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BANGOR – When most people “from away” think of Maine, they envision its natural treasures. They wax poetic about lobsters and lighthouses and the rugged coastline.
Dana Gioia, chairman of the National Endowment for the Arts, waxes poetic about the Pine Tree State, too. But he’s a poet. And when he speaks of Maine, he mentions cultural treasures such as the Alice James Poetry Cooperative, the Maine Indian Basketmakers Alliance, and the Theater at Monmouth.
“When I think of the range – from a writers’ cooperative publishing contemporary poetry to a kind of cooperative that keeps alive and growing the Native American arts, to the performing arts, it’s really a state that is extraordinarily rich,” Gioia said Wednesday.
Today, he’ll get to meet some of the artists, crafters and visionaries who make the state extraordinary during his first visit to Maine since his appointment three years ago.
Gioia’s colleague Tony Chaveaux, NEA deputy chairman for grants and awards, will conduct a grant workshop from 10 a.m. to noon at Bangor City Hall.
The workshop is intended to help leaders of nonprofit arts organizations learn more about federal funding opportunities and how to apply for NEA grants.
“We’re coming to Maine more to learn than to lecture,” Gioia said by phone Wednesday. “I look forward to meeting people and seeing organizations in action.”
The NEA’s motto is: “A great nation deserves great art,” and Gioia believes that extends to every part of the nation, not just the obvious artistic centers.
In eastern Maine, he will meet with local arts leaders during a breakfast at Bangor Savings Bank, view the city’s public art, visit the University of Maine Museum of Art in Bangor and the Maine Indian Basketmakers Alliance gallery in Old Town, and make a stop at the University of Maine campus in Orono before leaving for a tour of Portland’s cultural amenities.
Though this is Gioia’s first visit to Bangor, he has traveled in Maine before and says the state has all the elements necessary for a successful creative economy.
“Maine has an extraordinary natural landscape and a wonderful collection of historic towns in beautiful, sometimes even spectacular, places,” Gioia said. “Maine has the unique ability to create communities that provide the best of urban and rural lifestyles combined, and the arts play a role in terms of creating urbanity and also building the social fabric. A community is a more attractive place to live if it has music, theater, a symphony and fine and traditional arts.”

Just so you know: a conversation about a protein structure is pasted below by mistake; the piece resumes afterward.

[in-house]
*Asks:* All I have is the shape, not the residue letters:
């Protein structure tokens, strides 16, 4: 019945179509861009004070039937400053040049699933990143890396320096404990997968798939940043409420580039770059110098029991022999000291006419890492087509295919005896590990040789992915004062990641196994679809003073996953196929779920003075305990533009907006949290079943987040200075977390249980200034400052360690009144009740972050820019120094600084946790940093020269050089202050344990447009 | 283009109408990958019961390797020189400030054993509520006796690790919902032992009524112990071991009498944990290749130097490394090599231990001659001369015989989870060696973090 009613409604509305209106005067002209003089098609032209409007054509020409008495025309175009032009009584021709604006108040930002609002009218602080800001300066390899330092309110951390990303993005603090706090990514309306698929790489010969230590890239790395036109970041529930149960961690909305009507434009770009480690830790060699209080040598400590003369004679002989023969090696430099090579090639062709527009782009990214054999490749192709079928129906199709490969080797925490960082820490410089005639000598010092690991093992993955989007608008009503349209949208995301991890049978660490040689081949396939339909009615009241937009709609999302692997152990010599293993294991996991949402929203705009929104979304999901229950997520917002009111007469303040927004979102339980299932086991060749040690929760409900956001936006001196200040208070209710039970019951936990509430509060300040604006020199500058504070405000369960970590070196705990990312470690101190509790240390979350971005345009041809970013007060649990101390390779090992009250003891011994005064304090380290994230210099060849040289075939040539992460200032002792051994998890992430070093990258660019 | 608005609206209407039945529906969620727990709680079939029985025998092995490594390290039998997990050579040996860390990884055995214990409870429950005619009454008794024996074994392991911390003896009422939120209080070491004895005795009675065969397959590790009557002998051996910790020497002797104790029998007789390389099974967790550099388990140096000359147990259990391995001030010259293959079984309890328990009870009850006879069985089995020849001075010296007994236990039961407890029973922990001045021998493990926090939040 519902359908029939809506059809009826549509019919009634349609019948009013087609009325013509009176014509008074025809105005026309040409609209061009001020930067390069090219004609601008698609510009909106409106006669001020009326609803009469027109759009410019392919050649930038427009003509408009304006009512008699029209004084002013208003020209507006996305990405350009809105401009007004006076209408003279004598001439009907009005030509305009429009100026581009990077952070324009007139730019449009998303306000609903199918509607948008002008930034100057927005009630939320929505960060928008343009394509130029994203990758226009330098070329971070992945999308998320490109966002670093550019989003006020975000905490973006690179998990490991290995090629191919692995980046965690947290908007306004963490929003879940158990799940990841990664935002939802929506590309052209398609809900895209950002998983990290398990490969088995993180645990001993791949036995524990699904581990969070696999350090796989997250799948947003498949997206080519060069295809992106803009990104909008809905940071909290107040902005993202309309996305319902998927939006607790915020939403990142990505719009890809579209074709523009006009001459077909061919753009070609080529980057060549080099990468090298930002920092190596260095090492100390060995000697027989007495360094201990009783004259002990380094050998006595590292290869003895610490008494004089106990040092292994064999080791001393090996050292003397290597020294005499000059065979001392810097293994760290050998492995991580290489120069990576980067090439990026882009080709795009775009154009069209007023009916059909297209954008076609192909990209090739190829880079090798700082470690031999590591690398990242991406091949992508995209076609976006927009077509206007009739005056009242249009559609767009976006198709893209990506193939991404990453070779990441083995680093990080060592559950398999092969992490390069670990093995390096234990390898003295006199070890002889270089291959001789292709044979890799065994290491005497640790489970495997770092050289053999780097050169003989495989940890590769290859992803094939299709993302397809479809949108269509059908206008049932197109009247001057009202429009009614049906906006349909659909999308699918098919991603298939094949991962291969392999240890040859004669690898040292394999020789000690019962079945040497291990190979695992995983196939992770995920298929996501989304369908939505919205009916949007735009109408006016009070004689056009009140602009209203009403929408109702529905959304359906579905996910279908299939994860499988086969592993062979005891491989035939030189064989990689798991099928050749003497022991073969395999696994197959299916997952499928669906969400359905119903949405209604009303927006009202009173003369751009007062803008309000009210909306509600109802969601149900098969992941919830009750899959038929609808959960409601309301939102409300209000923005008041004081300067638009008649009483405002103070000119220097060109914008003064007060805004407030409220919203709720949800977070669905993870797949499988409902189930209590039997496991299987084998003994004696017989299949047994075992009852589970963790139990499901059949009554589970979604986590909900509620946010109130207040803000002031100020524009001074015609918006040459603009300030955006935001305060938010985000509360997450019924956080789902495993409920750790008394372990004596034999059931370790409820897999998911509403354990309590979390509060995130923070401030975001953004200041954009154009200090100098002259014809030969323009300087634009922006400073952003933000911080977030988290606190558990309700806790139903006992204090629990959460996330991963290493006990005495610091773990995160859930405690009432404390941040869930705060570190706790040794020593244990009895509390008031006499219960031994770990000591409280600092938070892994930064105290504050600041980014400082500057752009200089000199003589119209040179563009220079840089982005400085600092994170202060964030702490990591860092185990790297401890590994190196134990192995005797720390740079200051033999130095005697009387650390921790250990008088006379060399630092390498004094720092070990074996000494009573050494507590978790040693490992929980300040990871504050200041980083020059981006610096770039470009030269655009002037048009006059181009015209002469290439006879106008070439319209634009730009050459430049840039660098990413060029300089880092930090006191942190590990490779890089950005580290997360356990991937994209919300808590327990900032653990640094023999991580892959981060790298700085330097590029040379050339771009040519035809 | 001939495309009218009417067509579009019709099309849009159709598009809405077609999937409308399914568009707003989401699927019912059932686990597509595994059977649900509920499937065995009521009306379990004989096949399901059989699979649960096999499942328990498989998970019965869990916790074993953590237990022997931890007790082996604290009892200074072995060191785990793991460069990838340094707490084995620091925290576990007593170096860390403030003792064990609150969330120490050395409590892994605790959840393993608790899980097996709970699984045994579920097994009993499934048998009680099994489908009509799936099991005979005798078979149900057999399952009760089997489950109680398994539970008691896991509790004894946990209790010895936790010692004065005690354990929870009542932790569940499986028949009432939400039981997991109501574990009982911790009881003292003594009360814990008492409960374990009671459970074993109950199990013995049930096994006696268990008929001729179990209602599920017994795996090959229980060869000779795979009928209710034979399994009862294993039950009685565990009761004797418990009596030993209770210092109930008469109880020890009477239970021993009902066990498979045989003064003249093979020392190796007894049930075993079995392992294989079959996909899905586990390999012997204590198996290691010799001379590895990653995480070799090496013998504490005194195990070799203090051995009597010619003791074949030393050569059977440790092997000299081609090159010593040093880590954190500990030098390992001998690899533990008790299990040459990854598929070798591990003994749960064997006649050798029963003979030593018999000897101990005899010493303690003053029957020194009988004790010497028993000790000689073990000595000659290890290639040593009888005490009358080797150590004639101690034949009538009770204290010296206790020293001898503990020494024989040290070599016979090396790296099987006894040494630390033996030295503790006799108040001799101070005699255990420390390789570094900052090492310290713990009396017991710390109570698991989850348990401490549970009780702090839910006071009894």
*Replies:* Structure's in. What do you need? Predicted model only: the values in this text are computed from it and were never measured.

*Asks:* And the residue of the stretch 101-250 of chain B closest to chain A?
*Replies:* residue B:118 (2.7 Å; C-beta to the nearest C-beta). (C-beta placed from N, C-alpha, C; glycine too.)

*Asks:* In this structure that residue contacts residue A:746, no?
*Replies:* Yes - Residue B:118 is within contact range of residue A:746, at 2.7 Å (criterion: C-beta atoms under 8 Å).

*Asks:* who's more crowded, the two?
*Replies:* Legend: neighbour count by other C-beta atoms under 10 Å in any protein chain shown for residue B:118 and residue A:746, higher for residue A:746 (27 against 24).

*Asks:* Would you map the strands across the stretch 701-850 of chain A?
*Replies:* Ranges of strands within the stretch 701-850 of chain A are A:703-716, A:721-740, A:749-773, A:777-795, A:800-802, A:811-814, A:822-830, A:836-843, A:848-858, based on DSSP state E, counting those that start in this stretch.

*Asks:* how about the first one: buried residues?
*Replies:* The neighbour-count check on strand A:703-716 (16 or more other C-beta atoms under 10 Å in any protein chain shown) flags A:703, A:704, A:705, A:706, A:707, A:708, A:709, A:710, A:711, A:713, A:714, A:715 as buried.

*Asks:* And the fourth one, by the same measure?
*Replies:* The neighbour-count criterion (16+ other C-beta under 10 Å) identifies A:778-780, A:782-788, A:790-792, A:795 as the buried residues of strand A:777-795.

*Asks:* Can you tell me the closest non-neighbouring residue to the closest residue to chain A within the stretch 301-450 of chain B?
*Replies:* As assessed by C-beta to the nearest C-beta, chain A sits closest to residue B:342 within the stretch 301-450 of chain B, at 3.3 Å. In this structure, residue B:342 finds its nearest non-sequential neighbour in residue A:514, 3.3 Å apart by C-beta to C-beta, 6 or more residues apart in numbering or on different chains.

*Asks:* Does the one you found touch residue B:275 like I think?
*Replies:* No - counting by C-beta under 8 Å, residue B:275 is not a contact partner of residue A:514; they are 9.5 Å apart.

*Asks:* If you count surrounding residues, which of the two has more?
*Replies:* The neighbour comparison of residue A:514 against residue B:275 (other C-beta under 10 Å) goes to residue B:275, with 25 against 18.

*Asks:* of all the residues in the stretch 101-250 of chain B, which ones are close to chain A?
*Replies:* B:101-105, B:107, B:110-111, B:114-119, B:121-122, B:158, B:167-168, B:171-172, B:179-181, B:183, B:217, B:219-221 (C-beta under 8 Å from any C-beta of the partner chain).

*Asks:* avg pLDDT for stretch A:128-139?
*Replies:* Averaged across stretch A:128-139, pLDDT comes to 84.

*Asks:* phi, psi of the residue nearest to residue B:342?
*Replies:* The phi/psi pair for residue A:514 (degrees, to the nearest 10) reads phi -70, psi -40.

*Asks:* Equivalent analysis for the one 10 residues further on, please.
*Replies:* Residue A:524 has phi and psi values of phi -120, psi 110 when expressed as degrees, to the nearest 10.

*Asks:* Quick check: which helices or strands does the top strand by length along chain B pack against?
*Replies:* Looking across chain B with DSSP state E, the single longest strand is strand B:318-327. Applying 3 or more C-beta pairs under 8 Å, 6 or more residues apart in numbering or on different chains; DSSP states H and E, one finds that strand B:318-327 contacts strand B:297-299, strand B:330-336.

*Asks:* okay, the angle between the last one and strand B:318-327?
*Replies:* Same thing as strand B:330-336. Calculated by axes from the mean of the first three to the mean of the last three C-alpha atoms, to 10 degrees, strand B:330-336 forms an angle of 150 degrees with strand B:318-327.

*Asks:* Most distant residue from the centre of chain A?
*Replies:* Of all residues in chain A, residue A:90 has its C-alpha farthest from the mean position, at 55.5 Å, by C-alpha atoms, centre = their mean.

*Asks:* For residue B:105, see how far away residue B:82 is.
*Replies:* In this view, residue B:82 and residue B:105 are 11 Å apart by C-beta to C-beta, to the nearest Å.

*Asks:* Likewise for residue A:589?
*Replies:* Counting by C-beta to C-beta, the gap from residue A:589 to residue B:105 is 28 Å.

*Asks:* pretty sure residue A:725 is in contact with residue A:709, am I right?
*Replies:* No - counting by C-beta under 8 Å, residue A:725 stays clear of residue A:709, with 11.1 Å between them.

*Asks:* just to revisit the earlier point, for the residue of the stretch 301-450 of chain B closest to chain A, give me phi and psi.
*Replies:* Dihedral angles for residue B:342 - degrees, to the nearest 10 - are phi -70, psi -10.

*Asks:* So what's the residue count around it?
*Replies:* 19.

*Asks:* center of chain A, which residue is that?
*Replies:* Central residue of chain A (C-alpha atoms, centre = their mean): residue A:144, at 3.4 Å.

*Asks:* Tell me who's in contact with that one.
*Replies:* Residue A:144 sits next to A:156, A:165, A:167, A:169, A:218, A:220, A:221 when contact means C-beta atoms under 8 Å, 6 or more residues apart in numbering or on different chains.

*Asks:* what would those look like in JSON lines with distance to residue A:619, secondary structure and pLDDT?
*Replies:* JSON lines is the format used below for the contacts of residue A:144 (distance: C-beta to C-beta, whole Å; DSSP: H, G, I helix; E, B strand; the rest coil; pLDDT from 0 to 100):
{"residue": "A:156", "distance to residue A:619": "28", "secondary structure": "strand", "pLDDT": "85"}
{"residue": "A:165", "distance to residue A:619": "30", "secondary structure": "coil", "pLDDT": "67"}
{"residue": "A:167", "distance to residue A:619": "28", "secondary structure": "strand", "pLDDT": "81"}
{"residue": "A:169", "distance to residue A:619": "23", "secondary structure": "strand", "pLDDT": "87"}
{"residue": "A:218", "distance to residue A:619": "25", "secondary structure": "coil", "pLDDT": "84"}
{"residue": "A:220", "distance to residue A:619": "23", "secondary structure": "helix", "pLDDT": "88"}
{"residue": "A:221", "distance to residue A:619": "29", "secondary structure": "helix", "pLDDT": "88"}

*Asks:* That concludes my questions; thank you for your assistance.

U.S. Sen. Susan Collins, a former member of the NEA’s National Council of the Arts, invited Gioia to visit Maine when the two met at a recent conference.
On Thursday, Collins said she’s impressed with Gioia’s work and thought the visit would be an opportunity to highlight the NEA in Maine – and to highlight Bangor’s pride in developing the American Folk Festival.
“She’s actually had a long and supportive relationship with the NEA,” Gioia said. “We’re grateful to have her [as a] champion for us.”
The NEA, in turn, has been a longtime supporter of several cultural stalwarts in Maine, including the Maine Indian Basketmakers Alliance.
The organization, which represents 150 basket makers in the state’s four federally recognized tribes, initially received NEA grants through a Maine Arts Commission program 15 years ago.
In recent years, MIBA has directly applied for NEA grants to support various endeavors, including an apprenticeship program that has increased the number of basket makers in the alliance and, perhaps more important, decreased the average age of the state’s American Indian weavers by 20 years – from 63 to 43.
The alliance’s director, Theresa Secord, said she hopes Gioia’s visit helps other Maine organizations benefit from NEA grant opportunities as well.
“It’s pretty tough in the parts of Maine where we live and work to attract funding for the arts and even an audience and customers for the arts in a gallery,” she said, “but I think we’re doing that successfully.”